Credit—Library of Congress: Calvert Lithographing Co., circa 1890
The impeachment hearings showed again President Trump’s uncanny ability to obfuscate and divert. After all that testimony by all those righteous, dedicated, no-nonsense public servants, how can Trump not be trapped? After the fumbling, futile defense by Nunes and Jordan and the other Republicans, how could anybody not see what’s going on?
But wait: What’s a hyperlocal pundit doing wasting paper on matters covered by every national news outlet? Well, for a lot of us, these hearings are local. We were spellbound and consumed by the drama, enthralled by the professionals who dared speak truth to power. It’s all we could think about, talk about, proving that all politics is local.
Even if you didn’t watch, didn’t care, you know the plot: The president held up congressionally authorized military aid to Ukraine and a meeting coveted by that country’s new president until that official would announce a corruption investigation aimed at one of our president’s political opponents.
Read the transcript. If you’re a Democrat, you’ll clearly hear the extortion. If you’re a Republican, the call is perfect. Recall the hearings. Democrats heard heroes. Republicans saw traitors in military uniform and business attire.
Were the hearings a hoax, a trick played on Democrats? President Trump’s method of operating is very much akin to the old medicine shows, where the slickster sells “Wizard Oil” to the farmers and townspeople gathered around the wagon, eagerly buying the worthless elixir. The success of the scheme depends on the salesman’s ability to convince his listeners that the bottled swamp water cures their pain, and they need to believe that it will. In those transactions, a lot remains unsaid.
So it is with Trump and the impeachment hearings. Chairman Schiff labors to bottle up the president because he withheld aid to an ally in wartime. Trump fights and postures and blocks the relevant documents and witnesses. The nation debates whether extorting an ally for personal political gain is an impeachable offense.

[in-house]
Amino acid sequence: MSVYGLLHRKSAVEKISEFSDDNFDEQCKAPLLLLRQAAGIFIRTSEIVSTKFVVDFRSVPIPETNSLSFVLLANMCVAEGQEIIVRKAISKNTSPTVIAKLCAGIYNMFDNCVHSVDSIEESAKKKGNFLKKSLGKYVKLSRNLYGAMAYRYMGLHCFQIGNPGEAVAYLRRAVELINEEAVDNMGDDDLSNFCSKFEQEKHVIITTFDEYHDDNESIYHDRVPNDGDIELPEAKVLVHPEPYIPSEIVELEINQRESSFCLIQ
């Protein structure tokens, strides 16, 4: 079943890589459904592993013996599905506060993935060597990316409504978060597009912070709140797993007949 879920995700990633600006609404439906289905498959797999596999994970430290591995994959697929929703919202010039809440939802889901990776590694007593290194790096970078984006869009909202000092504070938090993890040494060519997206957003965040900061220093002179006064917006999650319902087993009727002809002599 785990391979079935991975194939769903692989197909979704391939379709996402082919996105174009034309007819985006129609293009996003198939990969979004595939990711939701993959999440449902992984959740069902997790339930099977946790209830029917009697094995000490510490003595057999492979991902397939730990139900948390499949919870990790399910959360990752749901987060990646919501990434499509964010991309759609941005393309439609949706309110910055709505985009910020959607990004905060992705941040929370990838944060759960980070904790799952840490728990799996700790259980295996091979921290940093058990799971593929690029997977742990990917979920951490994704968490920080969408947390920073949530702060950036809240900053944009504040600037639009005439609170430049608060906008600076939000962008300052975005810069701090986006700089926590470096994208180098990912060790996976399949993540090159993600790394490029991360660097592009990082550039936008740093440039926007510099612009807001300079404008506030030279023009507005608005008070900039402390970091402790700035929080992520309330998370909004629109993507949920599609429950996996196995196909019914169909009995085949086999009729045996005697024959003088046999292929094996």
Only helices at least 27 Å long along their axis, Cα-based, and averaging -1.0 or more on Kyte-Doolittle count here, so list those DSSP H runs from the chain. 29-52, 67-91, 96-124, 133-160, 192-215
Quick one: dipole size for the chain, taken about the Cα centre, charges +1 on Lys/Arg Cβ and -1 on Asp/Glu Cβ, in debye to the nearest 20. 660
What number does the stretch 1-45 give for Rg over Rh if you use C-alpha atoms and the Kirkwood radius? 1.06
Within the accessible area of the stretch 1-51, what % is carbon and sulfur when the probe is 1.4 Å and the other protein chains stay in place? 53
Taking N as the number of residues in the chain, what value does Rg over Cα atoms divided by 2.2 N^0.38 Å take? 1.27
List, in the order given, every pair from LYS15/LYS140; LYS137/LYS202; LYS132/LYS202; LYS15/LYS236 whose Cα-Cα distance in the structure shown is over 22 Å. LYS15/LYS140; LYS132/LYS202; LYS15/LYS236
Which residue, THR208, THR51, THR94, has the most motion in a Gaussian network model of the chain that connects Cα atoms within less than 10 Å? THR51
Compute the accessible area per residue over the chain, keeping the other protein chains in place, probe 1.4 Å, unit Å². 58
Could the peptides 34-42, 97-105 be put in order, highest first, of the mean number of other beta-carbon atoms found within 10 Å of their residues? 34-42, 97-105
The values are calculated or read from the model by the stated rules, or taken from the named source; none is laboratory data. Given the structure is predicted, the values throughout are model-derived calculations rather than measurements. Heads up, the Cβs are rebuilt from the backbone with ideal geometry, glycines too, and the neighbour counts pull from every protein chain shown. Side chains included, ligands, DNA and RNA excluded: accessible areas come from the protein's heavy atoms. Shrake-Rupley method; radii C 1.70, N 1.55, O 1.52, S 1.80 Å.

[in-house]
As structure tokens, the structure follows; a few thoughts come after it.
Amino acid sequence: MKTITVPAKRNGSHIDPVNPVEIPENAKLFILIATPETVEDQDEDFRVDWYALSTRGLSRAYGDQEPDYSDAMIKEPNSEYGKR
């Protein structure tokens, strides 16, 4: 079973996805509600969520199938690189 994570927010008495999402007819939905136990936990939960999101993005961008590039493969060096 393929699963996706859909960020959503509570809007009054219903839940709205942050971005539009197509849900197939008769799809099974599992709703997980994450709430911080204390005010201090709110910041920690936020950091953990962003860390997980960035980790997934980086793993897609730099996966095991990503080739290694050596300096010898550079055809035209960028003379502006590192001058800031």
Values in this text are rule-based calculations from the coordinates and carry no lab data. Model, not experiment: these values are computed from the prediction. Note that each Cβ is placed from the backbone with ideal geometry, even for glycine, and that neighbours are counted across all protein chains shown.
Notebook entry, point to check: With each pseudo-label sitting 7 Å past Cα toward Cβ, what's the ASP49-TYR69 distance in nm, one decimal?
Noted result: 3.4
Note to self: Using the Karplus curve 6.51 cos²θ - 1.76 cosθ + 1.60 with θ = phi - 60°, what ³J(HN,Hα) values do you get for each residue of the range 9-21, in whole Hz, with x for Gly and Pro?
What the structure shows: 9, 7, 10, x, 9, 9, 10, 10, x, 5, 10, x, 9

So far, impeachment is about Trump’s quid pro quo—his godfather-like muscling of a client state. So far, there is no chance whatsoever that he’ll be convicted for being himself. But think of the medicine show. There’s something unsaid behind all this.
Remember that Trump has arranged this wagon, and he’s out front controlling the spiel, diverting our attention from what’s behind the curtain, where his enablers are pouring the swamp water into the bottles and affixing the labels.
Here’s the cool part. Here’s where you’ve got to admire President Trump and admit his ability to fool us. He has, as usual, made the show all about him, and whether he extorted an ally for his own personal political gain. Your assessment of his actions depends on how much you like Wizard Oil.
He has us arguing over why he did what he did, keeping us from realizing what he actually did. President Trump delayed congressionally approved military aid to an ally in wartime and put off indefinitely the official meeting that would legitimize our ally’s new government. For whatever reasons, he has undermined Ukraine while that country is fighting a war against Russia after already having a chunk of its prime territory ripped out by Russia. Nobody knows what it is with Trump and Putin, but Trump has obviously and publicly chosen him over our own intelligence services and our allies in NATO and Syria, so it’s nothing for Trump to undercut Ukraine to benefit Putin. And it’s nothing to Putin if his capo adds a little vigorish of his own as a side deal.
So, you’ve got to admire President Trump’s medicine show, and his ability to divert attention from what looks a lot like treason. He sells us the Wizard Oil and then he rides off down the road to the next rally, betting we won’t remember what Speaker Pelosi told him to his face: “With you, all roads lead to Putin.”